Christie Vilsack, Tom Vilsack’s Wife: 5 Fast Facts You Need To Know

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Tom and Christie Vilsack. (Getty)

Tom Vilsack is the 65 year-old United States Secretary of Agriculture who has quickly jumped in rank to the second highest predicted nominee in the Democratic veepstakes. His wife, Christie Vilsack (born Ann Christie Bell), is no stranger to public life and service. In addition to supporting her husband as First Lady of Iowa, Vilsack, 66, has also shown her own personal political ambitions. She has been a life-long champion of improvement and access to literary programs, which lead her to her current prominent role at the United States Agency for International Development.

Here’s what you need to know about Christie Vilsack.

1. She Is The Senior Advisor for International Education at USAID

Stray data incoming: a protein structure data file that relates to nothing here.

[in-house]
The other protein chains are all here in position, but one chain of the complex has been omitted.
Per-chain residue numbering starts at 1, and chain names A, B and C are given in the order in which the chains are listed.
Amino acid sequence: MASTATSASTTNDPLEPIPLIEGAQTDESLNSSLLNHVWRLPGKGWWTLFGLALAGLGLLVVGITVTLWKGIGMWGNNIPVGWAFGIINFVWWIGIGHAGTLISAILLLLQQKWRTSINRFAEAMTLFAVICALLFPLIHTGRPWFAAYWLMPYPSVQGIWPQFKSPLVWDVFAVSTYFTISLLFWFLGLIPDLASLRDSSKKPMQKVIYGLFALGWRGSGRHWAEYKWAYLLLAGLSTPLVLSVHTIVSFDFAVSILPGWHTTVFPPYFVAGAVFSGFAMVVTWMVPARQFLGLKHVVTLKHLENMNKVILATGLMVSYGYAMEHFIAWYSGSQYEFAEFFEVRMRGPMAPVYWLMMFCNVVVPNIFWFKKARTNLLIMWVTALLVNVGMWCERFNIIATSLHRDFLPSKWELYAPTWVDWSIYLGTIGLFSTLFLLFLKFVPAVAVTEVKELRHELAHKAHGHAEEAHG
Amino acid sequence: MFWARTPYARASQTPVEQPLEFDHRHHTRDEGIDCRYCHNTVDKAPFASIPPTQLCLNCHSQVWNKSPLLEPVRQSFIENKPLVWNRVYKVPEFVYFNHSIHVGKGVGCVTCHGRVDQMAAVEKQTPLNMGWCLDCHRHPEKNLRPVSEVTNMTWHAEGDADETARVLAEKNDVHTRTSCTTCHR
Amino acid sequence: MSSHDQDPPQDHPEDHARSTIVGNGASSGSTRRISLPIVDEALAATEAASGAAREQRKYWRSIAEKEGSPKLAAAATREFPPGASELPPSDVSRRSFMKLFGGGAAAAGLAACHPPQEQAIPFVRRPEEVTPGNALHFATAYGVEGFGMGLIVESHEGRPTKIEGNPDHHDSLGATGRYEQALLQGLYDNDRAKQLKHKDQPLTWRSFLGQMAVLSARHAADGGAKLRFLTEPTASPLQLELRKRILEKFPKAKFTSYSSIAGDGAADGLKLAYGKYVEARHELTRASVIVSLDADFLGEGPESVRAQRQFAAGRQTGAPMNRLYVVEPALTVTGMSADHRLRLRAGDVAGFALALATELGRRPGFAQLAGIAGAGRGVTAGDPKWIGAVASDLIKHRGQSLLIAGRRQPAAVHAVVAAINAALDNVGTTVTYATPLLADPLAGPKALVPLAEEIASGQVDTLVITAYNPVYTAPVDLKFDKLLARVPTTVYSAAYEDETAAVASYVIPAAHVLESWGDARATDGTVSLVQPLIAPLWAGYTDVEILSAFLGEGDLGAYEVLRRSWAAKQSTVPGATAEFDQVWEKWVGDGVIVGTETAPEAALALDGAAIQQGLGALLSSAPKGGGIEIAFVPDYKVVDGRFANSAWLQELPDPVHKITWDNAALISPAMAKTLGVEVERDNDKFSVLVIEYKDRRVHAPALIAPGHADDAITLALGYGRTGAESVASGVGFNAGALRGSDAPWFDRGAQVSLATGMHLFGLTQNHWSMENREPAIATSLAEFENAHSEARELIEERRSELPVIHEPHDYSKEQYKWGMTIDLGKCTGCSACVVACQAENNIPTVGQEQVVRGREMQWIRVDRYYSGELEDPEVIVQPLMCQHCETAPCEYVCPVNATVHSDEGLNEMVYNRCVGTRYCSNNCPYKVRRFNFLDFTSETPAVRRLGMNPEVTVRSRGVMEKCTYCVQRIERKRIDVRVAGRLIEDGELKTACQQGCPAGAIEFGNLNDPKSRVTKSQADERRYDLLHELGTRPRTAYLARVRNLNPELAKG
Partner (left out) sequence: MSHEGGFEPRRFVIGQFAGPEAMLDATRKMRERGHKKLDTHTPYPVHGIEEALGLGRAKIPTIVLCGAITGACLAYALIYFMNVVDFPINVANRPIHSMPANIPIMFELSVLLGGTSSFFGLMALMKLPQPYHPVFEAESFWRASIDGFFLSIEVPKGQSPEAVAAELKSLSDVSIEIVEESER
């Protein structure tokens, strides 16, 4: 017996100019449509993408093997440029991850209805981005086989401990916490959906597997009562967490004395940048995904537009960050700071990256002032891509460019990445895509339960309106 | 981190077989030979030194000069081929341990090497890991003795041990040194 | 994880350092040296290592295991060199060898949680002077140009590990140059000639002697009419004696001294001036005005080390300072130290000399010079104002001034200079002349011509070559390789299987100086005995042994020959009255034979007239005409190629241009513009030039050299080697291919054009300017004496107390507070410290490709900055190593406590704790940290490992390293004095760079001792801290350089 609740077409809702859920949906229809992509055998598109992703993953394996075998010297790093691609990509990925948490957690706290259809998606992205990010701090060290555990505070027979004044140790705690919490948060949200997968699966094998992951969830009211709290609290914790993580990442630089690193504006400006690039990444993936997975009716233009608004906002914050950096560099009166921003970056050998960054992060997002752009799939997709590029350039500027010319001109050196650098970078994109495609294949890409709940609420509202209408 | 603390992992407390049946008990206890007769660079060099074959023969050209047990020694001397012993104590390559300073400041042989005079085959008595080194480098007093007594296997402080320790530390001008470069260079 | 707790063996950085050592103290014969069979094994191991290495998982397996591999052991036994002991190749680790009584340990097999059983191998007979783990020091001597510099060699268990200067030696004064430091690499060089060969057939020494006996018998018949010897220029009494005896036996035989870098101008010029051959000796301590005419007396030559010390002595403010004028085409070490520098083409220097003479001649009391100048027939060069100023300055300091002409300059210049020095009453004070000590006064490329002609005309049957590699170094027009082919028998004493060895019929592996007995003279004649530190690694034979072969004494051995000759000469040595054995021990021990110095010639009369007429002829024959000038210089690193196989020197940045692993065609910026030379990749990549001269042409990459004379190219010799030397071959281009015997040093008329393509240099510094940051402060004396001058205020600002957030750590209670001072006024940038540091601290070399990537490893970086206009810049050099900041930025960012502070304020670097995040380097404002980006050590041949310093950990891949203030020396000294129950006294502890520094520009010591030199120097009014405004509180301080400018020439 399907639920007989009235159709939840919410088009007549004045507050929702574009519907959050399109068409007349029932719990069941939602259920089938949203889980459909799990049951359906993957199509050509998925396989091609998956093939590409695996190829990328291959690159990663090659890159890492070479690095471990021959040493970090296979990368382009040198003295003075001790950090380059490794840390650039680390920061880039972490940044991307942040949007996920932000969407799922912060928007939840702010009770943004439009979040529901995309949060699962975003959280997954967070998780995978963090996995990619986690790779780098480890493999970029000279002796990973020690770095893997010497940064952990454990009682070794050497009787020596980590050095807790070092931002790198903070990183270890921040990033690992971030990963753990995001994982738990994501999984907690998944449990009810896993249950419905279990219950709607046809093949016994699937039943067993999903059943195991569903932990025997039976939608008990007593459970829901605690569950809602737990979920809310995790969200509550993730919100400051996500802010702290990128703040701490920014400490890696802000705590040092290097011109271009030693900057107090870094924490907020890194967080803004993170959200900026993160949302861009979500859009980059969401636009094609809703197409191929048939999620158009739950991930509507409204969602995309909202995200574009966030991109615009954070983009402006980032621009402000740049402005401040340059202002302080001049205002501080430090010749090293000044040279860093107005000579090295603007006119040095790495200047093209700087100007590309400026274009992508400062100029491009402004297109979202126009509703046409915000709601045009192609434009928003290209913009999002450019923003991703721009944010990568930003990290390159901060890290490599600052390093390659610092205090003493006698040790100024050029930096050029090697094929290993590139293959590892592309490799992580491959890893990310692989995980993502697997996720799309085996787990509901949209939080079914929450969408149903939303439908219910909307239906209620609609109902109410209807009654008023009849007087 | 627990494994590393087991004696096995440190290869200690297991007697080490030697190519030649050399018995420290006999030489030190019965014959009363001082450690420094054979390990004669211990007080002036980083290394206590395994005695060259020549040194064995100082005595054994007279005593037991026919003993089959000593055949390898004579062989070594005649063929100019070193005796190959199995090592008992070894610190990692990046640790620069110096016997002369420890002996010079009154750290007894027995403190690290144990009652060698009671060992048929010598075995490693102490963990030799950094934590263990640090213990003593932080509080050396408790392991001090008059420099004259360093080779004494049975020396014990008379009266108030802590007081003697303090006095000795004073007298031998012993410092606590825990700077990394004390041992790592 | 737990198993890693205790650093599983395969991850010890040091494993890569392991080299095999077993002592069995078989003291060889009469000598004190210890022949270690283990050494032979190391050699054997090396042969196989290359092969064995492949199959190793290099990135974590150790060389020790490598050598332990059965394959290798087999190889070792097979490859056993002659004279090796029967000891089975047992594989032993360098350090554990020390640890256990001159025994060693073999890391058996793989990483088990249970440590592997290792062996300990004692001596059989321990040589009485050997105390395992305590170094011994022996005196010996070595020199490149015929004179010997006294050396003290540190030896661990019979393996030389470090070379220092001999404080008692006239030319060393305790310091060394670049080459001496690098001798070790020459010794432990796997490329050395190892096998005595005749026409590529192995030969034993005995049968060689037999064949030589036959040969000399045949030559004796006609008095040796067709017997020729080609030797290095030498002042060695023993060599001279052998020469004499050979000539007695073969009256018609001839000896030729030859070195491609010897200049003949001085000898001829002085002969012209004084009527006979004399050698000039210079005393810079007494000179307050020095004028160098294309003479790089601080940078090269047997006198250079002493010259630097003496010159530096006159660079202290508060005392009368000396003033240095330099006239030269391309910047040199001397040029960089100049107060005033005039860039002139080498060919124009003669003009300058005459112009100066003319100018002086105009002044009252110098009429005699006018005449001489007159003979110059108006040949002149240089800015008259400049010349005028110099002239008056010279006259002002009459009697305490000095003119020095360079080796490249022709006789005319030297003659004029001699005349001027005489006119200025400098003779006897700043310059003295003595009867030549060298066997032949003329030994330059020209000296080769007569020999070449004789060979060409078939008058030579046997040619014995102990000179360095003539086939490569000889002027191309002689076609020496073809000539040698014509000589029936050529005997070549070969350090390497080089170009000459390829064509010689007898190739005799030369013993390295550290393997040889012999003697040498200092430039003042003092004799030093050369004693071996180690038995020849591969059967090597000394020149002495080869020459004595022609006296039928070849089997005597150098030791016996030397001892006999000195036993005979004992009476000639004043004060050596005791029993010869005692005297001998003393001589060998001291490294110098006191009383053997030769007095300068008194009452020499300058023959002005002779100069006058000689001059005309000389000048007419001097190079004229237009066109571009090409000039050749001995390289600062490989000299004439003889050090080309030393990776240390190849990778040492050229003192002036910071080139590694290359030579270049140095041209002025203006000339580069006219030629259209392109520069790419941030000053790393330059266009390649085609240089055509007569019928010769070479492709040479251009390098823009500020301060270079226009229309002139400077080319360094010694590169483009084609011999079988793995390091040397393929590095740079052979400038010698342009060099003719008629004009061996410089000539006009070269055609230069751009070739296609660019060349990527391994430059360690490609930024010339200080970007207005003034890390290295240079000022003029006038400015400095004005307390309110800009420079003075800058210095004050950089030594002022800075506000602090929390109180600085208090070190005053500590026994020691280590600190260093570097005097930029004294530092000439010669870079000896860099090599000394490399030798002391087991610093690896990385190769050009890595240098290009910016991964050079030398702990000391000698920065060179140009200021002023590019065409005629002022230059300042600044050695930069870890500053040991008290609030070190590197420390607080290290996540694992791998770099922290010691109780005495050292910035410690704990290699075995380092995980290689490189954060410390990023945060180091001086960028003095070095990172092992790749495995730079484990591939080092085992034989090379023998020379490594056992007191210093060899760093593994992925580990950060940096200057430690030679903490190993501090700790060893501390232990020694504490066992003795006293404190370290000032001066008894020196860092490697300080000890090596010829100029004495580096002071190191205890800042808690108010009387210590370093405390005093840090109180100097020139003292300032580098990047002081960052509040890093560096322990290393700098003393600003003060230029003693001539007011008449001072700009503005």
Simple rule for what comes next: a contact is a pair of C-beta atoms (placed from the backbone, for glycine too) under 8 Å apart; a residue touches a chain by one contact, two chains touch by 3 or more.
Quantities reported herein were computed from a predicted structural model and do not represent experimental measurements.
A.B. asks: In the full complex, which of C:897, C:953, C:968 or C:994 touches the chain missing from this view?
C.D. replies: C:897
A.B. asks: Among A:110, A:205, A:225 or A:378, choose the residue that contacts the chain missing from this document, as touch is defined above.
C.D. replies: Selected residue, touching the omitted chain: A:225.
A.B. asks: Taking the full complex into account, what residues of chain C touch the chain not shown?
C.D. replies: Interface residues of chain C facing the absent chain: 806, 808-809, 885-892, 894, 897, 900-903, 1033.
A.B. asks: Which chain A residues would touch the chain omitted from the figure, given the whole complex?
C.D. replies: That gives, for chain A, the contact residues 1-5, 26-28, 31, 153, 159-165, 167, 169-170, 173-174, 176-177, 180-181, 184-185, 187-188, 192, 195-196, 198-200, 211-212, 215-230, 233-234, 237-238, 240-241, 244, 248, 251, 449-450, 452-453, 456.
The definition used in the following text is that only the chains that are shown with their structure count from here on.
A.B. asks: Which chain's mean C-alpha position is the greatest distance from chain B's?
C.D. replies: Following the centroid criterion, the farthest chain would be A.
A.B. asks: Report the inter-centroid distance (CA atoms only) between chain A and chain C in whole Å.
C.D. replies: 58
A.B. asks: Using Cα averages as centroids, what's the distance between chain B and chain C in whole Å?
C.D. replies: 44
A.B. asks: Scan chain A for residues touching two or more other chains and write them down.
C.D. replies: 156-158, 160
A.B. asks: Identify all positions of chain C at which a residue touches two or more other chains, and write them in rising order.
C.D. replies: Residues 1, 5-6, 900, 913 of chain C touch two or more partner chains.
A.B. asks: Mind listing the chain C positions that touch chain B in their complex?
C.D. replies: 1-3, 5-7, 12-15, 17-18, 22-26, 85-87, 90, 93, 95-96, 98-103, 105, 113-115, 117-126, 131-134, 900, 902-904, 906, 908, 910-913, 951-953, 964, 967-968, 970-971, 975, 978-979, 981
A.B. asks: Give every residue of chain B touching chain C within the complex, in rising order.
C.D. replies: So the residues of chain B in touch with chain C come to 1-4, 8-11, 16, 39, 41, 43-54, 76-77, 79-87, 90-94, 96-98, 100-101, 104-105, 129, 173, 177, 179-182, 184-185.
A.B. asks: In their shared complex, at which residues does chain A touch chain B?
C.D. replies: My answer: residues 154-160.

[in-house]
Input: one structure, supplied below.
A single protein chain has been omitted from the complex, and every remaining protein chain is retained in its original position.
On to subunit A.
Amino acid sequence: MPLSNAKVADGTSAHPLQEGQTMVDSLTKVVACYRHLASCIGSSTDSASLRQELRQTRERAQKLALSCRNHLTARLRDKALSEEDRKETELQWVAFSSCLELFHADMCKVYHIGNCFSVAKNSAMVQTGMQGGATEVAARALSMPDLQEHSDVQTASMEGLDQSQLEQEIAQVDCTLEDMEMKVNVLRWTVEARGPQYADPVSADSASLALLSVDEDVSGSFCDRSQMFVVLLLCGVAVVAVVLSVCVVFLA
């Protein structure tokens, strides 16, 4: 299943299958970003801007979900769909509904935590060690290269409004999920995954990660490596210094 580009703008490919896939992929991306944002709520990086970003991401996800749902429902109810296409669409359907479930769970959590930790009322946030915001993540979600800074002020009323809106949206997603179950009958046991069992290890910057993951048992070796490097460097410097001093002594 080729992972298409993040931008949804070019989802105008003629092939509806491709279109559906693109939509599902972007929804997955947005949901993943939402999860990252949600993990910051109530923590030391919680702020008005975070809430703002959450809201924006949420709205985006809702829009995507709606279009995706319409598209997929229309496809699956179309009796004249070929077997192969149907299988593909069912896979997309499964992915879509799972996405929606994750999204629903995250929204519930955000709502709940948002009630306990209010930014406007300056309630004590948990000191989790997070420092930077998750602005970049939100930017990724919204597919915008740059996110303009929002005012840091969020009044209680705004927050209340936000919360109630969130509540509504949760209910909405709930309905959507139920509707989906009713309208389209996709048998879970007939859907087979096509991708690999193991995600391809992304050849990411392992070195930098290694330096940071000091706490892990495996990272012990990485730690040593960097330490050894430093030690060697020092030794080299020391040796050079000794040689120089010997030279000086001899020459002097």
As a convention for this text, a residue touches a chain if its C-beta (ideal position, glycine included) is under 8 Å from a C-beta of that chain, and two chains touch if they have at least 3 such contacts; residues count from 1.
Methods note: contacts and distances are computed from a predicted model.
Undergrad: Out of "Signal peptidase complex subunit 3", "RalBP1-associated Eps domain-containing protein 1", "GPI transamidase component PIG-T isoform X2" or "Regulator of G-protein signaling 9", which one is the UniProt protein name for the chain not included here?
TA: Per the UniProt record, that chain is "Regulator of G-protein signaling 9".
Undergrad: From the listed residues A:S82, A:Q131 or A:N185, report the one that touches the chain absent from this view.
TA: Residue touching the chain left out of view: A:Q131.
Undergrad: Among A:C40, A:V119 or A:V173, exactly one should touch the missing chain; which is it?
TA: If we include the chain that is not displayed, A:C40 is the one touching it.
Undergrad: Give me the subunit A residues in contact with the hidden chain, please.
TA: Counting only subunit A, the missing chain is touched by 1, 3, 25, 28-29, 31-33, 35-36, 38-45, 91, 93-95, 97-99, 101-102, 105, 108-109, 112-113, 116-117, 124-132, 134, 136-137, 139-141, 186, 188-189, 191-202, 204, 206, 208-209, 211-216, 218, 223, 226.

Vilsack has worked as a Senior Advisor for International Education at the United States Agency for International Development (USAID) for the past three years. She has been a strong advocate of access to literacy programs both in the United States and abroad. According to USAID:

Christie works with education sector partners and education leaders worldwide to build understanding of and support for international education solutions. She travels the world visiting and learning about USAID programs so she can tell the story of USAID Education to anyone she meets from Main Street to the halls of Congress.


2. She Is A Former Teacher & Journalist

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Vilsack, pictured in Iowa with husband Tom Vilsack, Hillary Clinton and elementary school students, has been a champion for improved literacy and education programs. (Getty)

Vilsack’s position at USAID builds on many years of experience as an educator. According to her USAID profile, she was a journalism and English teacher for 25 years at middle school, high school, and college levels. She was a professor of English and journalism at Iowa Wesleyan College for six years, where she now serves on the Board of Trustees as a Trustee Emeritus.